Race's complex role
A Tampa Bay Times analysis shows that people who claimed self-defense after killing a black victim were more likely to go free than those who killed a white victim
People have had the right to defend themselves from a threat as far back as English common law. The key in Florida and many other states was that they could not use deadly force if it was reasonably possible to retreat.
That changed in 2005 when Gov. Jeb Bush signed into law Florida Statute 776.013. It says a person "has no duty to retreat and has the right to stand his or her ground'' if he or she thinks deadly force is necessary to prevent death, great bodily harm or commission of a forcible felony like robbery.
"Kill minorities" might not have been an explicitly stated goal of this law, but I'll bet that the hypothetical attackers in the minds of the people who drafted this legislation had dark skin. This is of course, an impossible argument to prove, but we're also not exactly talking about a state with a remotely-good record on racial equality.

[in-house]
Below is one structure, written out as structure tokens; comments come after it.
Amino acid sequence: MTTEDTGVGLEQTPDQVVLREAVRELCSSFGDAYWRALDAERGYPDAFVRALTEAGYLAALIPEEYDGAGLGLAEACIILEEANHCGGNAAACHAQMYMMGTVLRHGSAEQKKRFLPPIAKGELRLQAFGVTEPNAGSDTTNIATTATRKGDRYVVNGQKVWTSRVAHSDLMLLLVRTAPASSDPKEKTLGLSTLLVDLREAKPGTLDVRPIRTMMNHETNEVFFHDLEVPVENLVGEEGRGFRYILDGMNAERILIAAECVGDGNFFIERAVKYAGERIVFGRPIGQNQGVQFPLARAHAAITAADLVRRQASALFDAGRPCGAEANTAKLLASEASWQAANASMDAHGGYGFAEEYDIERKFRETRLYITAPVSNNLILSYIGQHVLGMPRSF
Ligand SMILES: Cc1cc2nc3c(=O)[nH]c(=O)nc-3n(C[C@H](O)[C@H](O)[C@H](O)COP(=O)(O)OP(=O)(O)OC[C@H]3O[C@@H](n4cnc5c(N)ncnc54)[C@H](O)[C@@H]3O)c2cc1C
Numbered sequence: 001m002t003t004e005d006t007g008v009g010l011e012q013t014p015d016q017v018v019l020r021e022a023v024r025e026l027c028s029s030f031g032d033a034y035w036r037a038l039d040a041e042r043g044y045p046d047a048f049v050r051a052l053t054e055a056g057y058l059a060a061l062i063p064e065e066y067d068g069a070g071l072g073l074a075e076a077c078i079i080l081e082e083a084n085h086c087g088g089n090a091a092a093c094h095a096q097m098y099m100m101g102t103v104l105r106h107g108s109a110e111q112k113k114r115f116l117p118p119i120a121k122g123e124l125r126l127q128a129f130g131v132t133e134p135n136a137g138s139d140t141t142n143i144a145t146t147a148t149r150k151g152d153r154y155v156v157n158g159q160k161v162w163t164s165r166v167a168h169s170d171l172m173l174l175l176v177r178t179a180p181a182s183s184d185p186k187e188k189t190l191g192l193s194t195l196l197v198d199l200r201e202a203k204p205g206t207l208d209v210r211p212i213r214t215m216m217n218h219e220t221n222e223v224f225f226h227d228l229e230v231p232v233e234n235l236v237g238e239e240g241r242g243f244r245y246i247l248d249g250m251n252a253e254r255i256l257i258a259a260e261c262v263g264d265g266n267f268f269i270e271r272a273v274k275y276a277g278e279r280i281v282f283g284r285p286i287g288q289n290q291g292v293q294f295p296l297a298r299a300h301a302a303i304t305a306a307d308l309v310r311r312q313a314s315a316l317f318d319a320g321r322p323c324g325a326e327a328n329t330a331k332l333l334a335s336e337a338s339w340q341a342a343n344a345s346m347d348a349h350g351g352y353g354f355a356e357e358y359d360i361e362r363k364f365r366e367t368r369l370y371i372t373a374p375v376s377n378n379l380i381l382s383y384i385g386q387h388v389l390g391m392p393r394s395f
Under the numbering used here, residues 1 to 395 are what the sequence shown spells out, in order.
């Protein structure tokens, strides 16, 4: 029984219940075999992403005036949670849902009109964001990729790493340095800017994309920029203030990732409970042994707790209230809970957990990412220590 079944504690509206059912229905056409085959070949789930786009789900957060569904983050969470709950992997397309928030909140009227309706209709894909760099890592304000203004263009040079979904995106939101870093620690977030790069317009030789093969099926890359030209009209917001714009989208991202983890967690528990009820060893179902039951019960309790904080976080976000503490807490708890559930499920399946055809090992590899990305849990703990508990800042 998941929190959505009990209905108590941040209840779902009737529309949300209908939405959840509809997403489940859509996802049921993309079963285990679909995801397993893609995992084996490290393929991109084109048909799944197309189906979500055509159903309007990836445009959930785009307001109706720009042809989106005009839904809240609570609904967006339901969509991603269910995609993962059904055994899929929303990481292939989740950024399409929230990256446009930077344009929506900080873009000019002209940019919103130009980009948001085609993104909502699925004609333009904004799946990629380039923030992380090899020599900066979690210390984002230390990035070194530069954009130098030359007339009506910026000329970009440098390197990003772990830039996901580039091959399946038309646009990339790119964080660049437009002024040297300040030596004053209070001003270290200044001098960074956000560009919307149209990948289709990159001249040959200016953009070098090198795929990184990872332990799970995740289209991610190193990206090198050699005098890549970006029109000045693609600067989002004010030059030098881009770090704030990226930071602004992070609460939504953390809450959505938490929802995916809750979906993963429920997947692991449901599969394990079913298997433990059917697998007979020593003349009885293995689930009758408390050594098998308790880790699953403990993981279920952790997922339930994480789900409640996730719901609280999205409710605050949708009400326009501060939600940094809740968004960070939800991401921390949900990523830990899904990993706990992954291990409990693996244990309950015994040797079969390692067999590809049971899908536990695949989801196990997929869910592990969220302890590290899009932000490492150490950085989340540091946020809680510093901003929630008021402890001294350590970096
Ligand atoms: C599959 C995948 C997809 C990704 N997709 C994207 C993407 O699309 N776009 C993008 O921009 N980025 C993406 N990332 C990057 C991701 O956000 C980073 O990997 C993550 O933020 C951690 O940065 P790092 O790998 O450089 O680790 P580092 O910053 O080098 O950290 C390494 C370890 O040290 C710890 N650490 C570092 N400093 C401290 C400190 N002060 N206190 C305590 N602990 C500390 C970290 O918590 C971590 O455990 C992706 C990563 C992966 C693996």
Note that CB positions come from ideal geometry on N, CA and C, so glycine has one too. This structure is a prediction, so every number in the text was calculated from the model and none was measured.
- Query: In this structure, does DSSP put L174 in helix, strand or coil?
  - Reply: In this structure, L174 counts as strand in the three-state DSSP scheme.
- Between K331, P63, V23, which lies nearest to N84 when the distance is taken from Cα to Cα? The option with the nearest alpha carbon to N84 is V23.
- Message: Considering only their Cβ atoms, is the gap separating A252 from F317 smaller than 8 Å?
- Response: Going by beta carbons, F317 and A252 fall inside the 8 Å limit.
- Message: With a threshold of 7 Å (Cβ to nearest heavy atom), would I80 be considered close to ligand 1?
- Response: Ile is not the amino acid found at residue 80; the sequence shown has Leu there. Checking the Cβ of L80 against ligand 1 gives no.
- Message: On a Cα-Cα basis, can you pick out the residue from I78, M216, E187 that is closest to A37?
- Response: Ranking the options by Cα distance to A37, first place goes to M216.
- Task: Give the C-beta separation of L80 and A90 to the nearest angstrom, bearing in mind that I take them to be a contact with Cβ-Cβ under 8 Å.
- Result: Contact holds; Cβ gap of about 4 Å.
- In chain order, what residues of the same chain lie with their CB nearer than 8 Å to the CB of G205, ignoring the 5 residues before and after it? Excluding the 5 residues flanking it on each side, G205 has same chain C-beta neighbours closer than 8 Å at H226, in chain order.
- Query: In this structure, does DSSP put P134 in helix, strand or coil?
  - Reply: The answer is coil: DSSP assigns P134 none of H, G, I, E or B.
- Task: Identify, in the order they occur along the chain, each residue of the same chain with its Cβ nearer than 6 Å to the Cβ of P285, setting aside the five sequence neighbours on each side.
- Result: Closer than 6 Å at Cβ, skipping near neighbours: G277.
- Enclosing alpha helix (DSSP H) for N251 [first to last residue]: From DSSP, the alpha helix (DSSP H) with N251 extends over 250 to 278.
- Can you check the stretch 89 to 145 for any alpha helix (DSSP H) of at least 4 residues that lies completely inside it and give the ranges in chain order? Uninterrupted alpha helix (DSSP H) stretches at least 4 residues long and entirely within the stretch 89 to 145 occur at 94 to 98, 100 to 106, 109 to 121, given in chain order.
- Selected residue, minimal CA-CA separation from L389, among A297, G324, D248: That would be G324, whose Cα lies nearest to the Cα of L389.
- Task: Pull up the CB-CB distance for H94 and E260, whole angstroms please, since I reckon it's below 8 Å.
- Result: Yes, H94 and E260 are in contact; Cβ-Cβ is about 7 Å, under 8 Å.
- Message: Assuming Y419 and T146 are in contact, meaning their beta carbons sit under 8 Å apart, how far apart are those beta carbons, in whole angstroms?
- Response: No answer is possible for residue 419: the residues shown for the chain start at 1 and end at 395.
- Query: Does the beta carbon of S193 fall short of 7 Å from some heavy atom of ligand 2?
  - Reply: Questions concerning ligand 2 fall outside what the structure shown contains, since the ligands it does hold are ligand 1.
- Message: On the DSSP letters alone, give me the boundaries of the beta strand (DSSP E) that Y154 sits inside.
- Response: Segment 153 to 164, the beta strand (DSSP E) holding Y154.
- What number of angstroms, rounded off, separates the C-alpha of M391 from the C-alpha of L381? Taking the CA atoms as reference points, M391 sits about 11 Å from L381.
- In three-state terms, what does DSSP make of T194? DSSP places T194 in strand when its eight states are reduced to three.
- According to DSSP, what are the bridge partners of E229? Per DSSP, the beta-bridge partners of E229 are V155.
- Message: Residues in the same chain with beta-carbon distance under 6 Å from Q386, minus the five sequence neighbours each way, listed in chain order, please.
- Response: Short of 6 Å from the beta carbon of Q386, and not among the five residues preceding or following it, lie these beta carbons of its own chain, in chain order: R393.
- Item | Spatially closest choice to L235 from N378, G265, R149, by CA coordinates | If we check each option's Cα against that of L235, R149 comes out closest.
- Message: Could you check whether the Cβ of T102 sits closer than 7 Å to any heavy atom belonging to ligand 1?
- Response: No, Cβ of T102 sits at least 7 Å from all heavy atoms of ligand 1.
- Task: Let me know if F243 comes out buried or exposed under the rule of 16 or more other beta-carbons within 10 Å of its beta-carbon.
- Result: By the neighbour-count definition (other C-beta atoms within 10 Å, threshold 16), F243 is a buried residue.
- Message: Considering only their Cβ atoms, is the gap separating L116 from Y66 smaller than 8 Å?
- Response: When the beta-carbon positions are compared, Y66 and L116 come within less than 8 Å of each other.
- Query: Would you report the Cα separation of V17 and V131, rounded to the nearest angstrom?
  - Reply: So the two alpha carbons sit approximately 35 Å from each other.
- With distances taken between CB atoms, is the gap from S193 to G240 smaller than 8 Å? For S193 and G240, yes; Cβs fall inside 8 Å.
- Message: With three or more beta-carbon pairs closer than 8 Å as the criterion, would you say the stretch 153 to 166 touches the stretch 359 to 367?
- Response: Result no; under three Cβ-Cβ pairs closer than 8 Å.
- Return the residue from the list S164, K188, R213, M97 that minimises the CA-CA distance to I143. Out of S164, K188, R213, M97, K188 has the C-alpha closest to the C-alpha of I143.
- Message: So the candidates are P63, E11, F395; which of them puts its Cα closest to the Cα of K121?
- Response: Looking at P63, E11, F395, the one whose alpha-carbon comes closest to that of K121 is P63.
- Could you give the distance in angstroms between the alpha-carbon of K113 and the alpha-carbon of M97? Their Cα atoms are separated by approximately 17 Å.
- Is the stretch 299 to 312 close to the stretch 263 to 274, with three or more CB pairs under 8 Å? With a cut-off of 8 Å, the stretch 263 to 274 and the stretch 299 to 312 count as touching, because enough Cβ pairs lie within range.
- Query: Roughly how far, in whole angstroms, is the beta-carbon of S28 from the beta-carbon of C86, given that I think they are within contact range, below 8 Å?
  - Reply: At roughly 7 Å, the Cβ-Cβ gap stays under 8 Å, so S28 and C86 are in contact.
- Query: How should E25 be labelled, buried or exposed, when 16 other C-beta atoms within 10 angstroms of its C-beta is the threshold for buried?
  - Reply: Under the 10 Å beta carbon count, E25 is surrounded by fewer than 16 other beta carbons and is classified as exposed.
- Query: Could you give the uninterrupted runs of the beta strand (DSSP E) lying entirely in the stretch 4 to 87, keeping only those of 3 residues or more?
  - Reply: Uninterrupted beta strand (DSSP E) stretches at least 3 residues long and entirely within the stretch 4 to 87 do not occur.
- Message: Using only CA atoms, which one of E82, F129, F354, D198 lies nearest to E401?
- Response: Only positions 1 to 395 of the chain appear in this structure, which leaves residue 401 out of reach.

Another terrible day in Fooville. Citizen Josephina peered angrily through the blinds, scowling at the citizens who passed along the streets. Always asking her to support their projects, improve the city, help people. Her fingers reached for her flea-infested cat. "We don't need them, do we?" she asked, trying to work the knots out of his fur with her long nails. If only she could buy something! It was a point of pride with her. Citizen Josephina didn't care how many shopkeepers refused her, but no matter how many vegetables she could grow, she couldn't grow steel, or shape it to make scissors. Looking woefully over at her dresser, she sighed. "I guess I'll have to sacrifice another drawer to carve you a comb out of the wood again, Fluffles.."
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